WINNINGTON (afterwards JEFFREYS), Edward (1669-1725), of Ham Castle, nr. Droitwich, Worcs. and the Middle Temple
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Family and Education
bap. 8 Oct. 1669, 3rd s. of Sir Francis Winnington* by 2nd w.; bro. of Salwey Winnington*. educ. M. Temple 1687, called 1694, bencher 1720. m. Sept. 1709, Jane (d. 1719), da. of William Bloom of Altofts, Yorks., niece and h. of Henry Jeffreys of Ham Castle, 3s. d.v.p.1
QC 1710; puisne judge of Card., Carm. and Pemb. 1711–12; 2nd justice of Chester, Denbigh, Flints. and Mont. 1714–d.2
Freeman, Worcester 1719–d.3
Trustee, Shelsey Beauchamp English free sch. Worcester 1722.4
As the third son of a prominent lawyer, Winnington found himself following in his father’s footsteps at the Middle Temple in company with one of his elder brothers, Francis (a younger brother, John, having been set up in the East India trade). However, it seems that his father wished to see him established as a gentleman, for in his will he left him £7,000 to purchase an estate and settle it on his descendants. Little is known about Winnington before he entered Parliament, except that he survived an attack of smallpox in January 1694, and he may have been the ‘Mr Winnington’ who polled 96 votes in the ballot for trustees of the Irish forfeited estates in March 1700.5
Winnington was returned for Droitwich at the 1708 election in company with his kinsman Edward Foley. There is no doubt about his political position, as a list compiled early in 1708, with the election returns for that year added, classed him as a Tory, and the Earl of Sunderland (Charles, Lord Spencer*) deemed his election a ‘loss’ for the Whigs. During his first session in the House he acted as a teller on two occasions: on 8 Feb. in favour of a motion that Thomas Smith had been duly chosen as bailiff of Bewdley at Michaelmas 1707 (the loss of which effectively marked the defeat of his brother Salwey’s election petition); and on 24 Feb. in favour of an adjournment which was defeated, whereupon the House went on to hear counsel on the bill for naturalizing foreign Protestants.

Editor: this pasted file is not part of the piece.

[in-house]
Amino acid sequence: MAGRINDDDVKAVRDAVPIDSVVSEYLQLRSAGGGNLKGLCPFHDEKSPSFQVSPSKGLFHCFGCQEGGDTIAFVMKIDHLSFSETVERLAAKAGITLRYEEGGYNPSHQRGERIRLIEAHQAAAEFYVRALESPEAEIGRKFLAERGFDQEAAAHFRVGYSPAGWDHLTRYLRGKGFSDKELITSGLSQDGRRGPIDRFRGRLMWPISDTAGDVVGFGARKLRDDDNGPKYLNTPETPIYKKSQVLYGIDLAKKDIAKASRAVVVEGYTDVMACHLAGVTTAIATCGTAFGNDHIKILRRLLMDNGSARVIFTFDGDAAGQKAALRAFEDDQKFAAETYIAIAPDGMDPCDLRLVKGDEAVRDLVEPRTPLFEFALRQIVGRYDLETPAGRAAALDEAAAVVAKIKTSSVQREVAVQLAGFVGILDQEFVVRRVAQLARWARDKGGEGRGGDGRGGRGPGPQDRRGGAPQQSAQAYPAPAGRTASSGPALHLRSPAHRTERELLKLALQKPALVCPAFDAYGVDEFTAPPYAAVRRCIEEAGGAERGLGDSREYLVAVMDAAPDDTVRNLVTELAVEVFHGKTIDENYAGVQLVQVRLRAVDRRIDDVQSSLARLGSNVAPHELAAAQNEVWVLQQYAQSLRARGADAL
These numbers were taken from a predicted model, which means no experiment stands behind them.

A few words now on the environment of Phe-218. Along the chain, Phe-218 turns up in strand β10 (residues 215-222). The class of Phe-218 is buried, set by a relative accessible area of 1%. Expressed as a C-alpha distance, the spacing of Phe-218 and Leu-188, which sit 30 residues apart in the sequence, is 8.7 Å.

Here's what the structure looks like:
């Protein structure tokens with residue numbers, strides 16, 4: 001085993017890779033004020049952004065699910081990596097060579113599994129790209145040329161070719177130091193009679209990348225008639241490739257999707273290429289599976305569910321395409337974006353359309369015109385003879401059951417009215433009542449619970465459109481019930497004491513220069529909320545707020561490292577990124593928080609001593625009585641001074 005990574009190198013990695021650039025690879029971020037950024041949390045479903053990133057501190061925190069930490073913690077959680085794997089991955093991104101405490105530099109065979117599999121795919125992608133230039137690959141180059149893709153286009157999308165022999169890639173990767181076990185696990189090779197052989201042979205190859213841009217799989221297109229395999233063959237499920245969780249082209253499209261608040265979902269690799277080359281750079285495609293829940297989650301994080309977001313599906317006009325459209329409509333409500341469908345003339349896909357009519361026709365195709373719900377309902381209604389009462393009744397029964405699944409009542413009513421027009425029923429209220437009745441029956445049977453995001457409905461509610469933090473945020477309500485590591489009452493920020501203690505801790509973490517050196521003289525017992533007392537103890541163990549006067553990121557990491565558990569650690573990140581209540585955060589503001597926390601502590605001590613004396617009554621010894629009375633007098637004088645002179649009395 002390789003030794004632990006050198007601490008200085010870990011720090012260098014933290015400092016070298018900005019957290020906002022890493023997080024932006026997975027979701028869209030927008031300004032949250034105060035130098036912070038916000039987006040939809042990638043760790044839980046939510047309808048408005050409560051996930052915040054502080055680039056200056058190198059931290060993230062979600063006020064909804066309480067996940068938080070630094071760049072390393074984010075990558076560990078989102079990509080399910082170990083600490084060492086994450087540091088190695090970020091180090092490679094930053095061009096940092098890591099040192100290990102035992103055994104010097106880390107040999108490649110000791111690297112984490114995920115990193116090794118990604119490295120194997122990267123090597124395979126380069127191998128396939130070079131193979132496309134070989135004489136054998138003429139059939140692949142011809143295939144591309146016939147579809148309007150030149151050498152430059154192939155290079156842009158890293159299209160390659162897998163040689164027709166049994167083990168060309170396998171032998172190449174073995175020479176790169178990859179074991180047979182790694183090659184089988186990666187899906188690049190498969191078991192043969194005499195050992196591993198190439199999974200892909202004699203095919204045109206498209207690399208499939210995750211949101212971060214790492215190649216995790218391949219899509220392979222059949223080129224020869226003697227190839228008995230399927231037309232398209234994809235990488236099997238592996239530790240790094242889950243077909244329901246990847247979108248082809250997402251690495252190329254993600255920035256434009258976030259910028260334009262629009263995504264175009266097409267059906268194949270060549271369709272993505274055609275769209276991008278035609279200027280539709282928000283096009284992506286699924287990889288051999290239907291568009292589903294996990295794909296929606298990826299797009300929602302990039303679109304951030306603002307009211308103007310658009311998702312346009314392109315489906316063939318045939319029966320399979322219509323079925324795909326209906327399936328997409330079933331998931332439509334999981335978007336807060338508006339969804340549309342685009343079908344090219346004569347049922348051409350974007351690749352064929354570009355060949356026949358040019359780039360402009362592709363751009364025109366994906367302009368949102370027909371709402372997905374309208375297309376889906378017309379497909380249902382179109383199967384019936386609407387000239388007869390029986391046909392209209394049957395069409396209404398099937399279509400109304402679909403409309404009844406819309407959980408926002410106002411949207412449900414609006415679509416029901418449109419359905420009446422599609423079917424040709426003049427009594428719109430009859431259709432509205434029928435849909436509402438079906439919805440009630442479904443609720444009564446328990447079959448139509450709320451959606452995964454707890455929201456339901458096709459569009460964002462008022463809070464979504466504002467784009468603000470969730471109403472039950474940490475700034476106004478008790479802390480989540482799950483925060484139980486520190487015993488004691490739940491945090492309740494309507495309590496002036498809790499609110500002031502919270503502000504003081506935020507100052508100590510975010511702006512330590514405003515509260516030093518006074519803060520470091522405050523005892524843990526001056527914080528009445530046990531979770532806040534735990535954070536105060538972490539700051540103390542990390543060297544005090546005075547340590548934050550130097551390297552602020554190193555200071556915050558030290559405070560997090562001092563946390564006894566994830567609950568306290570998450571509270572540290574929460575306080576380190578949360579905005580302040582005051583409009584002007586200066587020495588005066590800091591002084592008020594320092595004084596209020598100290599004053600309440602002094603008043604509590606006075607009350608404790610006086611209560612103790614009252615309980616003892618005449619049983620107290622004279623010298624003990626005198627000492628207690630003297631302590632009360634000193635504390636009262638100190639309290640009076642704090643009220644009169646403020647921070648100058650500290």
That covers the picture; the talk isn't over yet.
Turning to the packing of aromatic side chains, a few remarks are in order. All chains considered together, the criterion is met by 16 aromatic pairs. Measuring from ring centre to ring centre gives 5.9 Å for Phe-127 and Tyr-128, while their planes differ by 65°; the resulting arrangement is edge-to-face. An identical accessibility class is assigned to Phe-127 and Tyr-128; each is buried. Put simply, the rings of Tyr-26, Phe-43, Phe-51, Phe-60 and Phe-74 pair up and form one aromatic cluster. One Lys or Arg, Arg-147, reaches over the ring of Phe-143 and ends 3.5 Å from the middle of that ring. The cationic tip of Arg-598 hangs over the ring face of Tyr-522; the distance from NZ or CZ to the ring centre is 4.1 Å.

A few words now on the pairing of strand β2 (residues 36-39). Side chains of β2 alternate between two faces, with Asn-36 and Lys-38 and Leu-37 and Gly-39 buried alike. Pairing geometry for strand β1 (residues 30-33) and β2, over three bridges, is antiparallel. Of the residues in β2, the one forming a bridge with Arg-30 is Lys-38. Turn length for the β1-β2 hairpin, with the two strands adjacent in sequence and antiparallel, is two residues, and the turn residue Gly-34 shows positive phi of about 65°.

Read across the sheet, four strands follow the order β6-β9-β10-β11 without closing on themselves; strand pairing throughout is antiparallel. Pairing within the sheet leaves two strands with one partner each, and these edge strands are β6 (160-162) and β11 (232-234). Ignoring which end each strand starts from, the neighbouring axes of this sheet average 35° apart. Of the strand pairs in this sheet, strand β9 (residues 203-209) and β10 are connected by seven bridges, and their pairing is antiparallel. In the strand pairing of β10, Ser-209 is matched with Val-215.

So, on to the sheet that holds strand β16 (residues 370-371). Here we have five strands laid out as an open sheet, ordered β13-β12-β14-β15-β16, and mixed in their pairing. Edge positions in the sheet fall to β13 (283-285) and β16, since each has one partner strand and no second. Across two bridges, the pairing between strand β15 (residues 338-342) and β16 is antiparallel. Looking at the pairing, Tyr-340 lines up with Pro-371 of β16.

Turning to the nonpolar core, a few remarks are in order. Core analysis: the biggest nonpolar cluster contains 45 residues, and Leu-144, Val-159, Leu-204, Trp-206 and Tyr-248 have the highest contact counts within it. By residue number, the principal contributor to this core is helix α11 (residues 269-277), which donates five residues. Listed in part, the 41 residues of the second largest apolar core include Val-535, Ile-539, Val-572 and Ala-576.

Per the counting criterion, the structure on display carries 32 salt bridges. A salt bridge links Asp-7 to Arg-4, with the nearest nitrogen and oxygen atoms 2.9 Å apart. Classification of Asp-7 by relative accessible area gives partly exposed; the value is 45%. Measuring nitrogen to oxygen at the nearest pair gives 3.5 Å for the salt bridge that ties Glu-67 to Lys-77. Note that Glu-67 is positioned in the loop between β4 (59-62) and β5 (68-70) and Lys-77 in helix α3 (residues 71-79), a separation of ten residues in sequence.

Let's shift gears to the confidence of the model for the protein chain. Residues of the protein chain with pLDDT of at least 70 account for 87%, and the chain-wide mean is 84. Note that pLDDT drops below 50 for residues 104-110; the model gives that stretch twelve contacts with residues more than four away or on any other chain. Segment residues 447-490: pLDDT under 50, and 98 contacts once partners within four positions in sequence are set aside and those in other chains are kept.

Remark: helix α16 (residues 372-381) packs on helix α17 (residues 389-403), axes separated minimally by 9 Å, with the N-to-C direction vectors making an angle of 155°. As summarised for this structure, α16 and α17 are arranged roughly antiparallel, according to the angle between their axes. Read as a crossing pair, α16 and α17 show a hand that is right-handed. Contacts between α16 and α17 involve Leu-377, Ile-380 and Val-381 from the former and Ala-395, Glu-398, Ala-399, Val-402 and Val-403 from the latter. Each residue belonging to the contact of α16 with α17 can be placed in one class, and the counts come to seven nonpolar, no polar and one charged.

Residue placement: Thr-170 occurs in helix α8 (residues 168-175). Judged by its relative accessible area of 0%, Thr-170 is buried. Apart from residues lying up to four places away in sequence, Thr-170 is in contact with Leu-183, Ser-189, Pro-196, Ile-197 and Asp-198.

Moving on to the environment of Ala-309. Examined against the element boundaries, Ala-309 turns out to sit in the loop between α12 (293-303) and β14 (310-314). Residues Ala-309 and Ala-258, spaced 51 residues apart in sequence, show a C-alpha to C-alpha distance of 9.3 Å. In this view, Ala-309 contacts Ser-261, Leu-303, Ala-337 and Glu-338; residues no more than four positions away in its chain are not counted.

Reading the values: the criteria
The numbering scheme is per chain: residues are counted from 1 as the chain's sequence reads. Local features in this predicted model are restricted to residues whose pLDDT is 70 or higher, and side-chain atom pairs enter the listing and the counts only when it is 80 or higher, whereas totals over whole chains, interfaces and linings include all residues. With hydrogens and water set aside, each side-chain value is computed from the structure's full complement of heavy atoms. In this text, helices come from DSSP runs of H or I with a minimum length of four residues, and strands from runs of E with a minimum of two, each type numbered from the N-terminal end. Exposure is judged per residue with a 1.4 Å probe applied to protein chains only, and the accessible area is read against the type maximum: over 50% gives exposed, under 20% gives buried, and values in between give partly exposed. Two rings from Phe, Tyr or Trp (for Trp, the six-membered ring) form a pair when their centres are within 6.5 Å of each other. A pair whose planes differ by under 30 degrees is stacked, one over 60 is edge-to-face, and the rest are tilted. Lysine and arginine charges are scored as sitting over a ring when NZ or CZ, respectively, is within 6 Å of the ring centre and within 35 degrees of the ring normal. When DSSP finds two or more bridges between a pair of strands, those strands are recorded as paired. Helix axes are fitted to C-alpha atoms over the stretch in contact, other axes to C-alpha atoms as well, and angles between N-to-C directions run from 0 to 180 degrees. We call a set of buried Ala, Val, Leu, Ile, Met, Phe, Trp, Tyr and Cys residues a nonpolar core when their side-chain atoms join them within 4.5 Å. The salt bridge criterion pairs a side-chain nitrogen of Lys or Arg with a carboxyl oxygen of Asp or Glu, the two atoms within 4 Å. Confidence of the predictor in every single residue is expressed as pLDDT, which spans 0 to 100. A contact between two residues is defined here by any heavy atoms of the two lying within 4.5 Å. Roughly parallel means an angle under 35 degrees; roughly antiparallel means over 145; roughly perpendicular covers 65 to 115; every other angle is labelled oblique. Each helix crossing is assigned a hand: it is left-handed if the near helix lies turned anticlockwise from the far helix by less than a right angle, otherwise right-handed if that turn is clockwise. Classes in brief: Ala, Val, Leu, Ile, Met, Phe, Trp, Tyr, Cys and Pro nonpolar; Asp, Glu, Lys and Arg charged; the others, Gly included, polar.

During the summer of 1709 Winnington’s circumstances changed considerably. Following the death of Henry Jeffreys’ of Ham Castle in July 1709 he married Jeffrey’s heiress Jane Bloom in September. According to Charles Baldwyn she was rumoured to be worth about £30,000. In accordance with a provision in Jeffreys’ will, Winnington took his name, thus making it difficult to distinguish him in the Journals from Edward Jeffries who was elected for Brecon in November 1709. He did, however, vote against the impeachment of Dr Sacheverell.6
The installation of a Tory ministry in August 1710, under the leadership of Robert Harley*, who was connected to the Winningtons through their Foley relations, led to almost immediate legal preferment. Indeed, (Sir) Simon Harcourt I* successfully pushed for Jeffreys’ appointment as a QC to be completed before the election for Droitwich necessitated his departure from London. Re-elected in October 1710, Jeffreys was listed as a ‘worthy patriot’ who during the 1710–11 session had helped to detect the mismanagements of the previous administration, and also as a member of the October Club. His association with this group of Tories cannot be taken to imply a lack of agreement with the Court, however, for on 24 Apr. 1711 he acted as a teller in favour of a successful motion for issuing a new writ for Cockermouth which was opposed by some of the more extreme Tories ‘out of prejudice to the General [James Stanhope*] and the noble Lord [Somerset] who recommends him’, the latter being a leading Whig supporter of Harley. Otherwise, he was not very active in the Commons, receiving a month’s leave on 24 Feb. In May 1711 Harcourt proposed him for another promotion, to a Welsh judgeship, noting to Harley that ‘I really know no person fitter than Mr Jeffreys, there is much less choice than you may think there is. I mentioned it to him some months since and found him no way fond of it.’ However, the shortage of legal talent available to the Tories may have changed his mind for his patent was signed on 9 June 1711. The appointment necessitated a by-election at Droitwich in July, being an office of profit under the crown (worth £300 p.a.). Jeffreys was returned unopposed.7